Skip to main content

Post Cease-Fire: Who won?

So the 3 week war is over (or at least there's a timeout) and the question people are asking is "who won: Hezbollah or Isreal"? Depends on who ask. Hezbollah seems to think they've won and if you look at their reasoning you can't exactly disagree outright with them. Sure Lebanon got shelled to smithereens but Hezbollah won the PR war by a huge margin. They now have way more converts and sympathizers. And all Isreal has done is made a great show of force, pushed into parts of Lebanon and are now retreating (sure their tails aren't between their legs but they are hardly victors).

On the other hand, Bush and Isreal seem to think Isreal has won. As Bush, in his most diplomatic way, puts it: how can Hezbollah claim victory when it used to be a state within a state and now will be replaced by a UN force?

Personally, I think it's more of a question of who lost, not who won. The hundreds of Lebanese and Isreali civilians killed are the losers. The Lebanese state, who will have to repair dozens of civil infrastructure destroyed by Isreal, also lost. And Bush also lost. He might not realize it now but unless he turns things around dramatically in the middle east, his presidency will be remembered as one that brought the most strife to the middle east.

Comments

Popular posts from this blog

The Teenage Years Cometh

If you're lucky, a few days after your twins are born, the hospital just let's you walk out with them. In fact, they insist you take them with you. No training, no classes, no probation...they really just let you walk out with 2 humans. #fatherhood — Tundey A. (@realtundey) November 28, 2021 This was me 12 years ago: And now look at them. In a little over 6 months, they'll be teenagers!   Every time I look at them, I am reminded of Obama's quote on being a parent:  "One of my favorite sayings about having children is it's like having your heart walking around outside your body." — @POTUS — White House Archived (@ObamaWhiteHouse) October 21, 2015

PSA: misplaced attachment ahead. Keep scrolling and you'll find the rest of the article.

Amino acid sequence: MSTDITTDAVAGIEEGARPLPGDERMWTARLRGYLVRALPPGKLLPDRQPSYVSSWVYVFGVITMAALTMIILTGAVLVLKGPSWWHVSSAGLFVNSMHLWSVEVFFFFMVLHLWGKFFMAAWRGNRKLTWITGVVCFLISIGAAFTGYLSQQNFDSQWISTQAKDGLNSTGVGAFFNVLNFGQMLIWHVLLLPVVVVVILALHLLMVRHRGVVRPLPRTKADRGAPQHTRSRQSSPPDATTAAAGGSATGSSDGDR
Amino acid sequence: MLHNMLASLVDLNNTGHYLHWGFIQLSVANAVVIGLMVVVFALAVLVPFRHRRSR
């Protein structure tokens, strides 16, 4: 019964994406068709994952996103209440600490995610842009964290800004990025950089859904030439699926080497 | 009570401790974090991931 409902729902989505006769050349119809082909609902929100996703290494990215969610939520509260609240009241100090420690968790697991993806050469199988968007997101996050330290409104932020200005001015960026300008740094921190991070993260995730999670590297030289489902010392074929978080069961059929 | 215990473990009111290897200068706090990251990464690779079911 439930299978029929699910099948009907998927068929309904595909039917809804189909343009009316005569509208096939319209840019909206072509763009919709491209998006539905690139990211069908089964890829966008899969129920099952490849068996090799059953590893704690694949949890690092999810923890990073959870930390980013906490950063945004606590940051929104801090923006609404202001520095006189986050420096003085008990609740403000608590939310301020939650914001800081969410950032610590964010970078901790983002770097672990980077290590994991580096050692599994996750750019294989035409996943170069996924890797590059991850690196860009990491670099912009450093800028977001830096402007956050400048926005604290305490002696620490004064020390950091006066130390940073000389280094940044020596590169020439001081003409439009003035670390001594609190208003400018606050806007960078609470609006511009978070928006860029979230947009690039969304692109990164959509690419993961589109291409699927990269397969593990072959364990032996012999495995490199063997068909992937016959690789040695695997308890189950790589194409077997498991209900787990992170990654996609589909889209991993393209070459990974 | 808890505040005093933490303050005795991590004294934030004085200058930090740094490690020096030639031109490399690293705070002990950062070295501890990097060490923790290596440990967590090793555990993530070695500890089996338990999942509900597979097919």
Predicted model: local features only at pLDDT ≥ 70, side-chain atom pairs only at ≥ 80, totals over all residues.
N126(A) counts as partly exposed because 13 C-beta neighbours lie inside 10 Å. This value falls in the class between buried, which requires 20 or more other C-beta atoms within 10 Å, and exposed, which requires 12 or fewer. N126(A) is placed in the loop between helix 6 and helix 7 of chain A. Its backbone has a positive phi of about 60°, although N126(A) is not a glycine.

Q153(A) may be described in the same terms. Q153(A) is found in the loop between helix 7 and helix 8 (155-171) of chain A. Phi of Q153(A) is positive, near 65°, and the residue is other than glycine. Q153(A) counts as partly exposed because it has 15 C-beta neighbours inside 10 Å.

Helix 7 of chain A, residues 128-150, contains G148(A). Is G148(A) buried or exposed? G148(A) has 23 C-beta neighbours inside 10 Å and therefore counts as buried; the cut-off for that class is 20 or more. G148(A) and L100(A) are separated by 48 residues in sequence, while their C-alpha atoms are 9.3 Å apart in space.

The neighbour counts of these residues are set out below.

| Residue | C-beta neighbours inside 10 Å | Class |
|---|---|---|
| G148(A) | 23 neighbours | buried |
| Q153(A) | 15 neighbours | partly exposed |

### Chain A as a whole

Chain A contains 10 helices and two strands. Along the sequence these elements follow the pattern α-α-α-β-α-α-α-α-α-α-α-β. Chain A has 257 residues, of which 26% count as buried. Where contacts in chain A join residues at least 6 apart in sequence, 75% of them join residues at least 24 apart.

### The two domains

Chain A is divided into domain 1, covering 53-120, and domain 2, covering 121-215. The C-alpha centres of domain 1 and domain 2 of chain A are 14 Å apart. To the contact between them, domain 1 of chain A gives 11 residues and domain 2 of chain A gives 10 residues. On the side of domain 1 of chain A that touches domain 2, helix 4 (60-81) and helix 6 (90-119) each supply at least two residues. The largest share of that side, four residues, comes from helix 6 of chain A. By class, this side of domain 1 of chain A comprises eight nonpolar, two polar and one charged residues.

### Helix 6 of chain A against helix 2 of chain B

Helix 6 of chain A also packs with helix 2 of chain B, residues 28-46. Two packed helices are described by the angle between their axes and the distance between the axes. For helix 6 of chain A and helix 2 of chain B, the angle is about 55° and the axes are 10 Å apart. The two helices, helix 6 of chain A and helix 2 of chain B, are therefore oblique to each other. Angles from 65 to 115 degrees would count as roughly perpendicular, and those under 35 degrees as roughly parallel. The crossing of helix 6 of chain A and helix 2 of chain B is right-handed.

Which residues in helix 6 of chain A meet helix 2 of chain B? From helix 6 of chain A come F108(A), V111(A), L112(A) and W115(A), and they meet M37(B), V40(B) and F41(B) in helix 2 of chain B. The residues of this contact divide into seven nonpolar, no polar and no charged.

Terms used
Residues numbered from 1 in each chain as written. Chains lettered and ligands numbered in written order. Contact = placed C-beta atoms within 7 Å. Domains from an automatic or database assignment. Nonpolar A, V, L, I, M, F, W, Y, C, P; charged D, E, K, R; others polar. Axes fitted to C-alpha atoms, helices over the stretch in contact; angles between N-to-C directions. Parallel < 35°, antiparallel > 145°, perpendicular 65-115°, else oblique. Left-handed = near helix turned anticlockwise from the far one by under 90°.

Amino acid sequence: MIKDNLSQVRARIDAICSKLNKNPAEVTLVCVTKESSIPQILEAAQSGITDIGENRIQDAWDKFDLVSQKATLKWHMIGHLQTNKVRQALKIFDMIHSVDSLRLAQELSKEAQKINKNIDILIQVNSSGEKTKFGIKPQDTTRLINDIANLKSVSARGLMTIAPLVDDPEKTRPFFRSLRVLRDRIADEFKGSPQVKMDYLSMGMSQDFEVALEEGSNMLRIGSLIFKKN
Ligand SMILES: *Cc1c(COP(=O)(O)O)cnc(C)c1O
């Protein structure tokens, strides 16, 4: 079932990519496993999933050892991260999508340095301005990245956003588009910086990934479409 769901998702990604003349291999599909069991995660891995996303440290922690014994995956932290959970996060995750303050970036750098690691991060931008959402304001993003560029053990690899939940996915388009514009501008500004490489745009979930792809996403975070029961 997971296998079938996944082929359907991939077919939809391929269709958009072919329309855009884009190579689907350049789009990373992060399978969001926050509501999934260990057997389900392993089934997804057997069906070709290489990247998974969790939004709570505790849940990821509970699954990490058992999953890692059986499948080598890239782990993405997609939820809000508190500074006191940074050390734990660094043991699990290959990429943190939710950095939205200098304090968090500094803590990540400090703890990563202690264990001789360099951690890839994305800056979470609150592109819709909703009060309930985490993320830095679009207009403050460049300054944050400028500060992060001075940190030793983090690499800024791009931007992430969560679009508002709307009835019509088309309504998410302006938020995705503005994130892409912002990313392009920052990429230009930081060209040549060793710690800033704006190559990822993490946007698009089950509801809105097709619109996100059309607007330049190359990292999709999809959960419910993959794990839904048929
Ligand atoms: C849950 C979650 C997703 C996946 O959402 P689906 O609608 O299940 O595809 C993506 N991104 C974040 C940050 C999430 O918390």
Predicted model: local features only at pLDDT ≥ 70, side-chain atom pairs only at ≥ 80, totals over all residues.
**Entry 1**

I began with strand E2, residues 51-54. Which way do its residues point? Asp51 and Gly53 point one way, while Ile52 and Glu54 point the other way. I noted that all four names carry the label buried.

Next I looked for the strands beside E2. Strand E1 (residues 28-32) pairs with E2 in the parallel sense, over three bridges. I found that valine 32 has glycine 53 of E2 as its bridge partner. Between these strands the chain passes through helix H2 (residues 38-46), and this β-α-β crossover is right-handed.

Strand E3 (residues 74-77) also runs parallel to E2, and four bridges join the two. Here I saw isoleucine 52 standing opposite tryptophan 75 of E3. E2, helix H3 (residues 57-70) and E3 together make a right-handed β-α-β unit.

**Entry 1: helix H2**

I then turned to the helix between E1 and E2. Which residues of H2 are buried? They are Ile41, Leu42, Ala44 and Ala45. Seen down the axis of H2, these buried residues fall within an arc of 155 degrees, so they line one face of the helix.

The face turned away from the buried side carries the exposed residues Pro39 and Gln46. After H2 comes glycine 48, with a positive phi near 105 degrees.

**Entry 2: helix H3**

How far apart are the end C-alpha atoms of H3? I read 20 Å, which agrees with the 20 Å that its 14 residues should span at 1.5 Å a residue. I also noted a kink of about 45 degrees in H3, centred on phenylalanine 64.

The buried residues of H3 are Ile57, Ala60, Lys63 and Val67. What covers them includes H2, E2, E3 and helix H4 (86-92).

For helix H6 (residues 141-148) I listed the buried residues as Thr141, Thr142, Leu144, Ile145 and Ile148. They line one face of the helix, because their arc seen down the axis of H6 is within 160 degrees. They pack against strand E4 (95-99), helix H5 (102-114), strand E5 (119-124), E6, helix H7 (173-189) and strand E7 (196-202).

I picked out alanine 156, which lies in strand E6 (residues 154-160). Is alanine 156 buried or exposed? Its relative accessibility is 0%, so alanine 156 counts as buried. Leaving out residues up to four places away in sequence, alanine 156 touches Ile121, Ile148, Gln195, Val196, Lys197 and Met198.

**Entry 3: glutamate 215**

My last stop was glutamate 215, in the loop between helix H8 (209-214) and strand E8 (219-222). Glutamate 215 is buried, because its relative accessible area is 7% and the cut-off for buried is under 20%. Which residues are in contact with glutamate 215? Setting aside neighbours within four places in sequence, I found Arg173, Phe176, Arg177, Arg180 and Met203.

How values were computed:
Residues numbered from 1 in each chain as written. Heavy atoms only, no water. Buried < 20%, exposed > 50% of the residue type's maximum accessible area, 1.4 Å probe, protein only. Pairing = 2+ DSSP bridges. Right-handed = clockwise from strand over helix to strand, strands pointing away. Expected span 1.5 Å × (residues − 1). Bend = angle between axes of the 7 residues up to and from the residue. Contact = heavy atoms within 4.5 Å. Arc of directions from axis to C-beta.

Does InfoPath (still) suck?

A couple of years ago, I wrote a blog post titled "InfoPath & SharePoint (Part 1)". Back then I had just started working on a project using InfoPath 2007. So, expectedly, the post wasn't very complimentary to InfoPath (or SharePoint). In fact, I said: InfoPath sucks and SharePoint is the most expensive piece of crap ever. InfoPath, as a development environment, has absolutely no redeeming value. It's worthless.... ( more ) Since then my opinion of InfoPath has changed slightly. It still suffers from all the flaws I pointed out in that post. However, I think when used right, InfoPath can be an OK tool. I think it's well suited for designing one off forms and not for anything that requires complex logic or multiple iterations (like most software development requires). Alas, most CTOs fall in love with its point & click simplicity and integration with SharePoint that they try to use it to replace more developed technologies like ASP.NET. What do you get? A h

InfoPath & SharePoint (Part 1)

A departure from sports and politics. This one is about technology. InfoPath sucks and SharePoint is the most expensive piece of crap ever. InfoPath, as a development environment , has absolutely no redeeming value. It's worthless and if your boss ever thinks of using it, you have three options: convince him not to (not easy once he's been brainwashed by the Microsoft marketing presentations) use one of Al Gore 's lockboxes to store away your sanity 'cos you'll lose it. Also, pad your estimates very generously . You'll need every bit of time you can get. quit immediately while you still have your sanity First, InfoPath: To me InfoPath is like programming in assembly language . Sure it makes it easy (too easy in fact) to bind data to controls. But it doesn't provide you with easy access to your controls. Why is this important? Say you want to disable a button : in most technology: buttonA.enabled = false (or something similar). In InfoPath, you simply